Aspire. Ascend. Achieve
13 Jul

Does Your Not-for-Profit Earn Unrelated Income?

– Profitable activities may trigger unrelated business income tax.

Tax-exempt organizations must be operated primarily for their stated exempt purpose, but the IRS allows them to carry on certain unrelated business activities without jeopardizing their exempt status. If these ventures are not related to a nonprofit’s core mission, however, the organization may have to pay unrelated business income tax (UBIT) on the net income.

Even organizations exempt from filing Form 990, such as churches, could still be subject to UBIT if an income-generating activity is deemed to be unrelated to their purpose.

Some not-for-profits have opted to simply steer clear of activities that might be considered unrelated out of appearance concerns or fear they might endanger their exempt status. Others have taken the stance that because they may incur tax liability, it’s best to avoid having unrelated business income altogether.

But when carried out properly, unrelated activities pose little risk for not-for-profits. Even if UBIT is owed – and often it isn’t because taxes are paid only on the net income after expenses – your organization still has the potential to retain substantial income for your effort.

Rather than routinely avoiding ventures that might incur income tax, raise your awareness of the rules in this are so you can effectively comply if you conduct an income-generating activity.

Take the “Unrelated” Test

According to the IRS, an activity is unrelated and potentially subject to tax if it’s:

  • A trade or business,
  • Regularly carried on, and
  • Not “substantially related” to an organization’s exempt purpose.

A trade or business is defined as selling goods or performing services to produce income. It’s considered to be regularly carried on if it’s frequent, continuous and pursued in a manner comparable to the commercial activities of a nonexempt organization.

For instance, an annual money-making event wouldn’t meet the definition, but an activity that tkes place one or two days a week during the year probably would.

To determine if an activity is substantially related, the IRS looks at whether there is a clear relationship between the activity and the organization’s ability to achieve its exempt purpose.

Understand Unrelated Activities, Exclusions

Many types of income-producing activities may be unrelated, depending on the circumstances. For example, income derived from the rental or sale of most debt-financed property, rental income from parking lots, and regular revenue from advertising are usually considered unrelated income.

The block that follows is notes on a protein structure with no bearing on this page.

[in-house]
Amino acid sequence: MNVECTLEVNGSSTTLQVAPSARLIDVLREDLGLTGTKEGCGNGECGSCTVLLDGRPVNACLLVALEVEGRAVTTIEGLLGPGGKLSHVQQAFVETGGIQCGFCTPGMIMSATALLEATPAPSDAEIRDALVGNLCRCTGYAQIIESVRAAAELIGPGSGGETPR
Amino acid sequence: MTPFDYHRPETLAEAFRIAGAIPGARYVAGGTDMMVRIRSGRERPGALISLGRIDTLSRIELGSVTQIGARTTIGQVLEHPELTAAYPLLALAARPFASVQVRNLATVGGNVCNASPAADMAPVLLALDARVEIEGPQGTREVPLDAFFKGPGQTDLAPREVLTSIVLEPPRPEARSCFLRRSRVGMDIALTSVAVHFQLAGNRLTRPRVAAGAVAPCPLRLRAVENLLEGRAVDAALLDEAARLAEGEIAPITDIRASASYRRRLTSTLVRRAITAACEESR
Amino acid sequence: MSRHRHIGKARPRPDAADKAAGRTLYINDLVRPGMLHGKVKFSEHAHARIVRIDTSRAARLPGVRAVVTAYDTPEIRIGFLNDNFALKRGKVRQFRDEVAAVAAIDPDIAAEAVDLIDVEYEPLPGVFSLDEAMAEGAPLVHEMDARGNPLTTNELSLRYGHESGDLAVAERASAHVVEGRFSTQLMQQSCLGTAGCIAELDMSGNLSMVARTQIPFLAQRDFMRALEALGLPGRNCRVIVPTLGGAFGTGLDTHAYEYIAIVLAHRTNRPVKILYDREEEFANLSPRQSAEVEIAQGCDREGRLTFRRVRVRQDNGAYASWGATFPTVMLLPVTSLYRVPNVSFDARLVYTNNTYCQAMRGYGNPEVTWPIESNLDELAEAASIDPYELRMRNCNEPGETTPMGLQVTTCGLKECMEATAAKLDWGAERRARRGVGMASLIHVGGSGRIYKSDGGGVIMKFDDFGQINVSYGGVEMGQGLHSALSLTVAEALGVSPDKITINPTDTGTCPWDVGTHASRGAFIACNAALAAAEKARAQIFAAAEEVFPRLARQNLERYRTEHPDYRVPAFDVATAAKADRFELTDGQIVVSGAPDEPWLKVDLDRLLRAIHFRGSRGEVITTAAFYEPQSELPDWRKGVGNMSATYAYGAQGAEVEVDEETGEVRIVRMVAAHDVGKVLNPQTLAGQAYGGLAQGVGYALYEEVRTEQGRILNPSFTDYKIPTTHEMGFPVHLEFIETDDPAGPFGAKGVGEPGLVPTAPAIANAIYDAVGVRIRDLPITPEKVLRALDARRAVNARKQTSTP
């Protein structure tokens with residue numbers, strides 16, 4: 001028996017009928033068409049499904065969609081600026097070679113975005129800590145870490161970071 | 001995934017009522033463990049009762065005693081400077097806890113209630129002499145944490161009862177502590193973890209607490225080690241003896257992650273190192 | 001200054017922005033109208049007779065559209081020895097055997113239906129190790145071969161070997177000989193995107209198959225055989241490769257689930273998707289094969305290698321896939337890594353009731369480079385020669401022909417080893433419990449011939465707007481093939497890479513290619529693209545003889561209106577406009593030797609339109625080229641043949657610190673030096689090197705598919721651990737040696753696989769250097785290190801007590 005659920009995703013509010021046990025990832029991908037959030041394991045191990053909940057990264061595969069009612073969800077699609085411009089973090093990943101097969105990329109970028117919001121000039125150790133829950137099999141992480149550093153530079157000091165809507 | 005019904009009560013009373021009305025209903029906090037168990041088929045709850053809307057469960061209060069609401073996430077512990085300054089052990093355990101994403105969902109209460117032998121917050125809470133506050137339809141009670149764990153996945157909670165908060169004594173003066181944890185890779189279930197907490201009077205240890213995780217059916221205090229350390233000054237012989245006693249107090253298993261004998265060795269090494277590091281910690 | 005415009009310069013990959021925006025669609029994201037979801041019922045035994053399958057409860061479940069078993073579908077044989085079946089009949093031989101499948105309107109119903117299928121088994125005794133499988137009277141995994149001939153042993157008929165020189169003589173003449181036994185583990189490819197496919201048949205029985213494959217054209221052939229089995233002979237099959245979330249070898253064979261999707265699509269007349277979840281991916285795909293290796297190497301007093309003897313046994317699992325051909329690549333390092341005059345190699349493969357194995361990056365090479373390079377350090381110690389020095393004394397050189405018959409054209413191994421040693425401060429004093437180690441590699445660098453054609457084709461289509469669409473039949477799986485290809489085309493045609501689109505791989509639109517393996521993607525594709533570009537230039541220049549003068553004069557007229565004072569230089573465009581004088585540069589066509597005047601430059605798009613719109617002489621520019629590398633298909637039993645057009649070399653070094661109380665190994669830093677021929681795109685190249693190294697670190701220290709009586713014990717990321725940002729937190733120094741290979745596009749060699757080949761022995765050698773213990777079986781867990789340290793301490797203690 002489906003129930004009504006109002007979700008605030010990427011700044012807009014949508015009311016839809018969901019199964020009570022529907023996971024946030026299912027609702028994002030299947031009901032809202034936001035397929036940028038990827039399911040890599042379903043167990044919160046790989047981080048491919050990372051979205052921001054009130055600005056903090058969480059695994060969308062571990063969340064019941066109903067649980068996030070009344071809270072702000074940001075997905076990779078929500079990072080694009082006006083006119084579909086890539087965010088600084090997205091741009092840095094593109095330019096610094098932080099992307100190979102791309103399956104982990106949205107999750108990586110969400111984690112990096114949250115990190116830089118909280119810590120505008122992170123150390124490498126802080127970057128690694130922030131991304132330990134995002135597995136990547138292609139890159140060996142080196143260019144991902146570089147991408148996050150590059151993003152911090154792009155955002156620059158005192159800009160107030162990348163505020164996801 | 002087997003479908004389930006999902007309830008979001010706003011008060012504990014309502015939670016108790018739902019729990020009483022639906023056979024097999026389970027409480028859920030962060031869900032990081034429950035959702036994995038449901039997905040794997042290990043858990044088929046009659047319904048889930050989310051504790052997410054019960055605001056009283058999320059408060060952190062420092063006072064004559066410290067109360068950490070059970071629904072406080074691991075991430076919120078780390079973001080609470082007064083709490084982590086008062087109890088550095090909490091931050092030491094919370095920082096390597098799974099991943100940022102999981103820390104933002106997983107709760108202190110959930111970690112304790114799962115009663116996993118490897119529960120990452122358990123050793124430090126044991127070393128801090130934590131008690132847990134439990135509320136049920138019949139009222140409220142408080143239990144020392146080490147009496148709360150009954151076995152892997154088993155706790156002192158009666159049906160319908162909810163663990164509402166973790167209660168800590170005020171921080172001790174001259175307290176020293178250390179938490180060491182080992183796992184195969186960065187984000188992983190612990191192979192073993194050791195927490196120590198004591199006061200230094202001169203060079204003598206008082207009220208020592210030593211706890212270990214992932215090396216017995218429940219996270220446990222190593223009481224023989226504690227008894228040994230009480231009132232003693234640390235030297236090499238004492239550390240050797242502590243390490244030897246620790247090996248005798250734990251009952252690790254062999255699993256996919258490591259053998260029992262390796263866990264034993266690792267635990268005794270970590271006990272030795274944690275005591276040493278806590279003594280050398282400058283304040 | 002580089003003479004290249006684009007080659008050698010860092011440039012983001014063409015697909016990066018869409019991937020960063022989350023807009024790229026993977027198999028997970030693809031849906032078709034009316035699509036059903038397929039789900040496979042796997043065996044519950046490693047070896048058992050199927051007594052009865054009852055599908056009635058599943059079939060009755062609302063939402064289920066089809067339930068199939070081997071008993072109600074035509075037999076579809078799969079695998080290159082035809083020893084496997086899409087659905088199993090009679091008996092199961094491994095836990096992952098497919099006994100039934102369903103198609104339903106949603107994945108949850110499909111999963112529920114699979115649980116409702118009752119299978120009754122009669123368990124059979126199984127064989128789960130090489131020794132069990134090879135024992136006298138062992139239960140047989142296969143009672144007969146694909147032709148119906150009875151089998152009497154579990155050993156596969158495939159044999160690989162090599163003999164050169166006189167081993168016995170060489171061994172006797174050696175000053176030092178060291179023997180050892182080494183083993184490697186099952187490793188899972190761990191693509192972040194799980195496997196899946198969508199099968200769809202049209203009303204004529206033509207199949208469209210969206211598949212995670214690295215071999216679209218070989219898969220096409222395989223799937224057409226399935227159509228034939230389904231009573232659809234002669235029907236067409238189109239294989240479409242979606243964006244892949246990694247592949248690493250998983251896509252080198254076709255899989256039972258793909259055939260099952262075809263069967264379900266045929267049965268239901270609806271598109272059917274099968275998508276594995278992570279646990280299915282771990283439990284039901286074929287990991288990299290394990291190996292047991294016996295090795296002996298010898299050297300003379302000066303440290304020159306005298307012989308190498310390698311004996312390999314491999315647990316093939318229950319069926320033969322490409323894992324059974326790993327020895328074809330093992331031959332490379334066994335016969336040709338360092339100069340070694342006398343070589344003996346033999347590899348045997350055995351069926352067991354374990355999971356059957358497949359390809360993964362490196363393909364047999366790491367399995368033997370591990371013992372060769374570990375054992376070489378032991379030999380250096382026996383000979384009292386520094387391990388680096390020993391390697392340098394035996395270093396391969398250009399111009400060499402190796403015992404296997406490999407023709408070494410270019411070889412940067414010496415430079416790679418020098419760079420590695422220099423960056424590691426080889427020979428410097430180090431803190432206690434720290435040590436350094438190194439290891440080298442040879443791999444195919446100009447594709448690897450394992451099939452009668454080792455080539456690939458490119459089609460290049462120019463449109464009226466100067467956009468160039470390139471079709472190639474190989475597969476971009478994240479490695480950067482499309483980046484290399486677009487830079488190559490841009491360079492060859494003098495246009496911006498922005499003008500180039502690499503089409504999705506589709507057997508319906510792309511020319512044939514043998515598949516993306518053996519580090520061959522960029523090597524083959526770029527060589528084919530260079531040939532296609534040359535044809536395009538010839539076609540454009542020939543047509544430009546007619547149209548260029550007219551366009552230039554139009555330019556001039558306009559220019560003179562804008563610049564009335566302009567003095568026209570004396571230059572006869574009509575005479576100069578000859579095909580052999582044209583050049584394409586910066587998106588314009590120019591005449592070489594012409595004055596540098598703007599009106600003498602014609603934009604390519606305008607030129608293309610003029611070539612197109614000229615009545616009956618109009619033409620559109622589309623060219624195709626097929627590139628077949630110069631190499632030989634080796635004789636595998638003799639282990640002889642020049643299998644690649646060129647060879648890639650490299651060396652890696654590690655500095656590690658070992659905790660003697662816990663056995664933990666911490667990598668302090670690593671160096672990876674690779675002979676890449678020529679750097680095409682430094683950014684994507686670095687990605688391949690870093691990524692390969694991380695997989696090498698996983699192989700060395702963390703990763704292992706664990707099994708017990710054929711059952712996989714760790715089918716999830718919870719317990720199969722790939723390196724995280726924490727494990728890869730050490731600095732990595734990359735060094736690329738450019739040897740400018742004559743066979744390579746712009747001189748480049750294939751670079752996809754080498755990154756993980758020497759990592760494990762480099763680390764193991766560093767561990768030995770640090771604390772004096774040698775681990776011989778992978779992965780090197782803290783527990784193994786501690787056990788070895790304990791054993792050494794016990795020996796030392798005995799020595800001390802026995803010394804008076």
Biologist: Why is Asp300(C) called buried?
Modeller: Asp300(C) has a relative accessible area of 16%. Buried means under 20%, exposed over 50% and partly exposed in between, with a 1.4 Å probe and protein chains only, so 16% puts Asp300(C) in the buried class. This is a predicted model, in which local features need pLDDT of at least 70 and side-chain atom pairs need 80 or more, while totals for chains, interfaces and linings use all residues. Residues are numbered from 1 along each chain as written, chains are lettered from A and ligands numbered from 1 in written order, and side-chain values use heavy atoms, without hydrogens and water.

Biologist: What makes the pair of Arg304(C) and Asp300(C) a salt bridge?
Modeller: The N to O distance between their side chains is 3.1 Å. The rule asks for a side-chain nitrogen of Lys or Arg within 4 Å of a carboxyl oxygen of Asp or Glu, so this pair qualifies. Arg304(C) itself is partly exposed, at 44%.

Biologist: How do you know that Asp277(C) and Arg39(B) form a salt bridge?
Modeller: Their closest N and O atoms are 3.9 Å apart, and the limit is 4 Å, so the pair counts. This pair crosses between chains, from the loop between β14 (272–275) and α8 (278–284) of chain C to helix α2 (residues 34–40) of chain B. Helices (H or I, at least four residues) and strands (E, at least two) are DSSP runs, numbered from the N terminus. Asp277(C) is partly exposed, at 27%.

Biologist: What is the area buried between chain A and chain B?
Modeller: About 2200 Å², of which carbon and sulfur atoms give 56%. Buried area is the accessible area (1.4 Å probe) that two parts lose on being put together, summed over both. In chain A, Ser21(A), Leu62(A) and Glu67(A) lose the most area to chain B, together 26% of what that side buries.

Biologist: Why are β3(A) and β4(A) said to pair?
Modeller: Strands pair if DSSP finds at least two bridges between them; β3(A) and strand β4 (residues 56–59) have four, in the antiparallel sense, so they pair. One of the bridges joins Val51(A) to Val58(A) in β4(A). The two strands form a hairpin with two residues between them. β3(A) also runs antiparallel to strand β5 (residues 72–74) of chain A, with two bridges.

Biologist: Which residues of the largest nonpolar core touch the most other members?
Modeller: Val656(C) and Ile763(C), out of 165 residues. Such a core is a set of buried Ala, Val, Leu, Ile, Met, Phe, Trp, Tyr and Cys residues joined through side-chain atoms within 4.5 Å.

Sponsorships aren’t included in advertising because they are treated as contributions rather than income. The IRS has loosened the rules on sponsorships to allow qualitative or comparative descriptions if they are part of the organization’s slogan or corporate message – for instance, “the region’s best.”

In addition to the general rules for unrelated activities, there are numerous activities and situations that are excluded from UBIT, including:

  • Activities substantially performed by uncompensated volunteers,
  • Most passive income such as royalties, dividends and interest,
  • Gains from sale of property (unless it’s debt-financed),
  • The sale of donated merchandise (for example, goods given to a thrift shop),
  • Real property rental income (unless it’s debt-financed),
  • Income from bingo in states where it isn’t carried on by for-profits,
  • Income from the rental or exchange of mailing lists with other exempt organizations or with for-profits, as long as no other services are provided,
  • Income from trade shows and conventions,
  • Activities carried on primarily for the convenience or benefit of members, students, patients or employees (such as a school cafeteria), and
  • Qualified sponsorship payments.

Organizations with annual gross income of less than $1,000 from unrelated business activities are excluded from UBIT.

Follow the Tax Rules

As is the case with most tax matters, the rules pertaining to unrelated business income contain numerous exceptions and stipulations. For instance, if you expect to owe $500 or more in UBIT, you organization must make quarterly estimated tax payments.

Unrelated activities, whether excluded from UBIT or not, may consume too many resources. When this occurs, the IRS may see the unrelated business activities as your organization’s primary focus and revoke your exempt status.

In complex financial situations such as these, you should see professional advice before starting a for-profit venture or filing Form 990-T, the income tax return for exempt organizations.

Assess Your Objectives

It’s not inherently bad for your not-for-profit to conduct unrelated business activities. You can develop a much needed income source, which can also complement and further your mission.

But, as with any business matter, your decision to engage in profit-making should be carefully evaluated in the context of your organization’s needs and goals.

Share this Post
Share on FacebookTweet about this on TwitterShare on LinkedInGoogle+Pin on Pinterest

About the Author

Spire Group, PC Spire Group, PC
Spire Group, PC was formed in 2012 from a merger that united two of the region’s leading full-service CPA and Consulting firms: Carr, Daley, Sullivan & Weir and SGA Group, PC. Together, Spire Group, PC is uniquely positioned to put our proven business expertise and dedication to work for you, offering an even more comprehensive set of solutions.

Comments are closed.

Want to work with us? Reach out to get started

Contact Us